Although the Jay is by far the most colourful and striking of the crow family in the UK, it is a shy bird of typically woodland habitat and therefore often hard to see. Its plumage is very attractive, with pinky-brown tones overall, black tail, white rump, black facial stripe like a moustache, plus a striking blue flash on the wings. Its loud shrieking call often gives its presence away in dense woodland. It is not a common garden visitor, but may visit feeding stations early in the morning in some areas where there is suitable habitat very close by.
Video footage of Jays
Jay nesting and breeding habits
The nest is built in a tree and generally against the trunk or in a fork, and usually at least two metres above the ground. It is well hidden and basically consists of twigs, plants stems, and may also include mud as a binding material. It is lined with fine plant material and hair, making an especially neat inner-cup. Incubation of the five or six eggs is by both male and female birds, with both sexes also sharing the task of bringing food to their young. There is one brood per season.
Jay history and population trends
The UK population shows long-term stability overall, though more short-term has shown quite sharp declines and spells of recovery in recent decades.
Behaviour traits of Jays
Outside of the breeding season Jays may form small groups, though generally speaking they are not a sociable bird and even a breeding pair do not spend that much time together. Like all members of the crow family, Jays are very intelligent. A measure of this intelligence is their ability to remember where they buried acorns to feed on during the winter months. To give this some context, a single Jay may bury up to 3000 acorns in one season – though they don’t of course remember where they all are, and hence why Jays are rightly credited with helping to spread oak trees.
Jay diet and food
The Jay’s diet, like most corvids, is highly varied and includes insects (especially caterpillars and beetles), earthworms, mice, eggs and young birds, seeds, grain and fruit. It has a particular liking for acorns and these form a key part of the diet in the autumn and winter months, with the supply for the latter coming from acorns it hordes in the former. The species is generally not easy to attract to feeding stations, however, in suitable areas, will sometimes come to bird tables and ground feeders to take whatever seed is available.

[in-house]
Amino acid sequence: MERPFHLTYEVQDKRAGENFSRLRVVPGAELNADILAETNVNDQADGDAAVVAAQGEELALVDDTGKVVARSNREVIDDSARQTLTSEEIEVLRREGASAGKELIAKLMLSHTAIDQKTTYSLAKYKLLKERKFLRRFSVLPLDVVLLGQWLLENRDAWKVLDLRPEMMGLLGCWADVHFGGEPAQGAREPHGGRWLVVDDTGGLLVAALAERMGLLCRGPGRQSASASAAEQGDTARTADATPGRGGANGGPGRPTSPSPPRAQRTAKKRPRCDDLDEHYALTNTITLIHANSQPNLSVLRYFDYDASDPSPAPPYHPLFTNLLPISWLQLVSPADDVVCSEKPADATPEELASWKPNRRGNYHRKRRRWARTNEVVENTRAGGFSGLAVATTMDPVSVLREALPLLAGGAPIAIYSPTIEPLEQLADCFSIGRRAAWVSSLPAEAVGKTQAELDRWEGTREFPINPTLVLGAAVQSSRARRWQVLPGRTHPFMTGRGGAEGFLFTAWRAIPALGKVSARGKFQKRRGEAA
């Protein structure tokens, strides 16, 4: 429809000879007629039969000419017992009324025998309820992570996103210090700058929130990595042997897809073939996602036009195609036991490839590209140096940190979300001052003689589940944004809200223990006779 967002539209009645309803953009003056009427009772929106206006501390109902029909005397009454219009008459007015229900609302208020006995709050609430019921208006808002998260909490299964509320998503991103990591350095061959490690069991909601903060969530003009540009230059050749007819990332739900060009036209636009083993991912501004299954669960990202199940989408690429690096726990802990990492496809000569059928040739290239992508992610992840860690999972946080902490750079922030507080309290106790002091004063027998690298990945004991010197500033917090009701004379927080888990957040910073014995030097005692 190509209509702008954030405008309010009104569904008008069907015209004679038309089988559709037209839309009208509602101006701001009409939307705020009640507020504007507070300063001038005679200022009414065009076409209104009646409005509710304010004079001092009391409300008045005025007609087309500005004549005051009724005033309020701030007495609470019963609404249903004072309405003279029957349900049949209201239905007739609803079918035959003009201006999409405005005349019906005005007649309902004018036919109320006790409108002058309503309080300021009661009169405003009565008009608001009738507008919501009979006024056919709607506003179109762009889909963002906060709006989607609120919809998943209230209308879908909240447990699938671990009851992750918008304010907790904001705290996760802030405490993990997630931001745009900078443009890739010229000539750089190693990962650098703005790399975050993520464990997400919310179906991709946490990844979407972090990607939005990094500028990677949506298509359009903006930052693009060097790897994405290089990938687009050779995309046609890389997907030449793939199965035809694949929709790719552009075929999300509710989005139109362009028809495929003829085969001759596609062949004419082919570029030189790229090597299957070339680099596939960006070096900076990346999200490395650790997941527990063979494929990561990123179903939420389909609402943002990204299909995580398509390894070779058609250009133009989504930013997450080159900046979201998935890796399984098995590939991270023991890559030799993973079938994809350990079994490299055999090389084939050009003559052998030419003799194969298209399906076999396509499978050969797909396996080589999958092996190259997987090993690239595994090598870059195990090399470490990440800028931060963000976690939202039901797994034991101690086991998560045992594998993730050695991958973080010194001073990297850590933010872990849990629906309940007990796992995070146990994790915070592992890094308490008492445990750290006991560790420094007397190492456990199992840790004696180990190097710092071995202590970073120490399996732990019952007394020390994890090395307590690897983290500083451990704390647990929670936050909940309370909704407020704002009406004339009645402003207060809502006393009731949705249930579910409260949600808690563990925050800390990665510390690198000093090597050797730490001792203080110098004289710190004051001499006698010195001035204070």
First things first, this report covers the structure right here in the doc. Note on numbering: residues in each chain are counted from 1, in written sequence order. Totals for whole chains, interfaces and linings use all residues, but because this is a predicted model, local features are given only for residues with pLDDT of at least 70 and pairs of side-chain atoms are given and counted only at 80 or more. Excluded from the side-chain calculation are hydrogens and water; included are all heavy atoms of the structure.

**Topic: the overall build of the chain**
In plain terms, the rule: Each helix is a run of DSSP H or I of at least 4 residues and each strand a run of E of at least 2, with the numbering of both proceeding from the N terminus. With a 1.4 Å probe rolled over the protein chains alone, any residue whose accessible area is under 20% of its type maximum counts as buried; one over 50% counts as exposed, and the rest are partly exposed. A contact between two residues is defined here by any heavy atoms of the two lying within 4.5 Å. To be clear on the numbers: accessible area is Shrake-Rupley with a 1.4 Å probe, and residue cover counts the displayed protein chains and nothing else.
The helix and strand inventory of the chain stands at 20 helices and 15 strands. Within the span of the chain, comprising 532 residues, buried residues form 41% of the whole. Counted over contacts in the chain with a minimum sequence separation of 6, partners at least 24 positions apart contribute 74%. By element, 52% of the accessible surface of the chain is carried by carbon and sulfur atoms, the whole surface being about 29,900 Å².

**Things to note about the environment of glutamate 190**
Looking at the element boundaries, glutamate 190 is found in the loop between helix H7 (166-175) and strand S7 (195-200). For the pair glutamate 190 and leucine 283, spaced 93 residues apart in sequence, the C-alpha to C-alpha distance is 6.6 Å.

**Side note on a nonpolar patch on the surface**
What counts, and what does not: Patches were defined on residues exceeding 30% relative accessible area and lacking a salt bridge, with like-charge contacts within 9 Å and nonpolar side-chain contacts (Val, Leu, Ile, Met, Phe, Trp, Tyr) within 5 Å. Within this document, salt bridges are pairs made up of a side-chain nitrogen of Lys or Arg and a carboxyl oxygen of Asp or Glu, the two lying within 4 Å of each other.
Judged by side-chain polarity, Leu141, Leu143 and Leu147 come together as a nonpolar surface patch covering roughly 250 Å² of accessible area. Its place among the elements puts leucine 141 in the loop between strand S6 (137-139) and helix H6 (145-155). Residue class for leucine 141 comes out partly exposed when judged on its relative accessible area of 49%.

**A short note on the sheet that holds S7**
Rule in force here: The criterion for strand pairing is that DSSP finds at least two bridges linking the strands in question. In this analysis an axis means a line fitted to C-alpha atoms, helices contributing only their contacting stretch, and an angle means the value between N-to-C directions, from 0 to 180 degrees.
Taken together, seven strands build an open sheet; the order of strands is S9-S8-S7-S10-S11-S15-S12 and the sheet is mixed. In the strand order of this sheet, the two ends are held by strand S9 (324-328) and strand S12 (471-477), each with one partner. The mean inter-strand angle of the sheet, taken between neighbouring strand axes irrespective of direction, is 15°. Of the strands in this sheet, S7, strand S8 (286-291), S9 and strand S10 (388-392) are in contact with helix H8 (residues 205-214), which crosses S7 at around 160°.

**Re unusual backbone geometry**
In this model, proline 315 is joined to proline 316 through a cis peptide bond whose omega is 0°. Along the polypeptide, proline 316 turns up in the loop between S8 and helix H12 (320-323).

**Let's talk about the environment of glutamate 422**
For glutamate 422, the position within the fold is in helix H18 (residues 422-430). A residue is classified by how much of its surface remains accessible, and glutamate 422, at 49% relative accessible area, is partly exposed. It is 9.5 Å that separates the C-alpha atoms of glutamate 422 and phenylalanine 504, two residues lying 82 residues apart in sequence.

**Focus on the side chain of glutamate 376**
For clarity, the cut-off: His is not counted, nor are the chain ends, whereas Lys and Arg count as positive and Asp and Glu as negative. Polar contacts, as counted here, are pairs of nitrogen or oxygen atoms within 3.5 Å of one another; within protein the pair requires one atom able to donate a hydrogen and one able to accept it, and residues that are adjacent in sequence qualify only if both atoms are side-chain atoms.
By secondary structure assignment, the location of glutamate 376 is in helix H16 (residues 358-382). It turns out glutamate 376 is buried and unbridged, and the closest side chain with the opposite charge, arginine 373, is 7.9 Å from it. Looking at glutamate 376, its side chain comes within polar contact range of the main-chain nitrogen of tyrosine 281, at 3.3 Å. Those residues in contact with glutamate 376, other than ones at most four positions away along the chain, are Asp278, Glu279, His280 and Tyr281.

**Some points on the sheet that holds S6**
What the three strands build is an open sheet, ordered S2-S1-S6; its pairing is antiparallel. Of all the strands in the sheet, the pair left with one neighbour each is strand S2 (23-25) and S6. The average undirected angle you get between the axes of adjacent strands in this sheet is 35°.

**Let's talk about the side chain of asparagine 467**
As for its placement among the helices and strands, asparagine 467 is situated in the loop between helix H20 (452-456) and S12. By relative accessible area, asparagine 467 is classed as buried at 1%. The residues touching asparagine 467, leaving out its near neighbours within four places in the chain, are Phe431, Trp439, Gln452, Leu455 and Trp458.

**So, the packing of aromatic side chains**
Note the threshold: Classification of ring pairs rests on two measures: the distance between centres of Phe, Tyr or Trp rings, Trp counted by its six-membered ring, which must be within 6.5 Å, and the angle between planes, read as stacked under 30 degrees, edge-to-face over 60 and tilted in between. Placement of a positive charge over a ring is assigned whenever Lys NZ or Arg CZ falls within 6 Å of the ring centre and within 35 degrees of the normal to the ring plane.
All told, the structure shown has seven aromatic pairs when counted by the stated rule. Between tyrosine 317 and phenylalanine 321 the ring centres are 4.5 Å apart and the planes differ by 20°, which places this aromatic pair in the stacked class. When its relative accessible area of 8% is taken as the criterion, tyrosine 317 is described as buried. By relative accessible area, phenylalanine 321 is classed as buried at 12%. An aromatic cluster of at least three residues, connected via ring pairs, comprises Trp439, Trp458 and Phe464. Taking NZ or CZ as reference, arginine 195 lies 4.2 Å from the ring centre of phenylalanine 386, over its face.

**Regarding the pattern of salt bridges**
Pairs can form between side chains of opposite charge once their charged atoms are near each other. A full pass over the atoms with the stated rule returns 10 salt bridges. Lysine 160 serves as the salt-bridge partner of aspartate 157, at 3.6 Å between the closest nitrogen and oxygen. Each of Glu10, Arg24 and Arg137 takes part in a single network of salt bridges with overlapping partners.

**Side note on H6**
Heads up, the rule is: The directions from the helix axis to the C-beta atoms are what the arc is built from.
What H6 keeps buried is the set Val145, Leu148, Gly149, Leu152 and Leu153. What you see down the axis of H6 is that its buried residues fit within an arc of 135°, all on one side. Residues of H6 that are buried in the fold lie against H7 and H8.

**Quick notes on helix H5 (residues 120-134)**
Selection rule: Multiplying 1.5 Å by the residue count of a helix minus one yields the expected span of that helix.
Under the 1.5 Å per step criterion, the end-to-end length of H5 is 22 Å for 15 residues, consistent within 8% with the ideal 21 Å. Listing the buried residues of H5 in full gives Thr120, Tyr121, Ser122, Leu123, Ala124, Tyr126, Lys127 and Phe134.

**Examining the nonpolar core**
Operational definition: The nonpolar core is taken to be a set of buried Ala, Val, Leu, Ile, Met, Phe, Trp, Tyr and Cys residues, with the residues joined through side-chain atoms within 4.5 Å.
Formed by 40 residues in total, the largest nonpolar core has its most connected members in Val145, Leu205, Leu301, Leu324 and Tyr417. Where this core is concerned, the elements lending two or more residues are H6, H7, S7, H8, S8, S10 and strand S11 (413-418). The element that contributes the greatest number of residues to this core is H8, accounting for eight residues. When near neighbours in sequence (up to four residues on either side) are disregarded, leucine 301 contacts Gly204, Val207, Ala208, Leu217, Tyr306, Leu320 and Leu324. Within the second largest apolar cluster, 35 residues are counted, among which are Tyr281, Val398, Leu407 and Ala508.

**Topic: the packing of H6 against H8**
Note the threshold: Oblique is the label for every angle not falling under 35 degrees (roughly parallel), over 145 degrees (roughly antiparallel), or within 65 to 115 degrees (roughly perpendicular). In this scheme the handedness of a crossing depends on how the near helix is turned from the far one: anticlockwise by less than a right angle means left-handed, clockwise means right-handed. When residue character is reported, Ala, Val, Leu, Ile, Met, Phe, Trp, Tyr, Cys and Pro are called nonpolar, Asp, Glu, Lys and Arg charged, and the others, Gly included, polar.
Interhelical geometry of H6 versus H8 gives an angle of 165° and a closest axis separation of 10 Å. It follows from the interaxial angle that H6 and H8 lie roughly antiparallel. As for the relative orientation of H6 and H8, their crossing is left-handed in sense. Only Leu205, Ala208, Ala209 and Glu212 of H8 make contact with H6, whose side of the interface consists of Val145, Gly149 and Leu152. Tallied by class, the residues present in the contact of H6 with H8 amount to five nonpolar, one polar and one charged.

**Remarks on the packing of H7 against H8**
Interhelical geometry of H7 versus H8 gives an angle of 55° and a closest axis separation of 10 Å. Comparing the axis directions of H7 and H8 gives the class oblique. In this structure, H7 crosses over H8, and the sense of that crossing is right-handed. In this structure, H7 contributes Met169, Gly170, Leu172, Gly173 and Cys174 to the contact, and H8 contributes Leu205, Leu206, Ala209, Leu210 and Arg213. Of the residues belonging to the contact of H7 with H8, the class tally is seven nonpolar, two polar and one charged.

What should I feed Jays?
Jays are extremely shy and wary and therefore are not easily attracted to gardens by food. However and over time, they might be attracted by the following products.
Frequently Asked Questions
What do Jays eat in the UK?
The primary food of the Jay is acorns, nuts and invertebrates including insects, but they will also eat nestlings of other bird species and small mammals such as mice.
How do I attract Jays to my garden UK?
Jays are a difficult bird species to attract to gardens because they’re so shy – certainly compared to other species of Corvid (the crow family) such as Magpies and Jackdaws. However, it can be possible to tempt them in with seed such as sunflower hearts which is either spread directly on the ground, a bird table or ground tray, and in all cases if the food is set well back from the house and therefore the Jays will feel less threatened. Jays also avoid open areas, so food put out near trees may also be more acceptable to them.
Do Jays come into gardens?
Jays will sometimes come into gardens if there is food available and plenty of cover from mature trees. However, they are a very shy species and extremely wary of humans.
Are male and female Jays the same?
Yes, male and female Jays look the same with near identical plumage. That said, male Jays are usually slightly larger than females, but this would only be noticeable if both sexes were seen together – which is rather unlikely given how shy and secretive the species is.
How do you feed Jays but not pigeons?
You really can’t, as both Jays and Wood pigeons are a similar size and both typically feed on the ground. It’s also the case that Wood pigeons are far less shy and wary of humans compared to Jays, so if you’re lucky enough to attract Jays with food such as sunflower hearts on the ground or a bird table, then Wood pigeons are almost bound to also be attracted.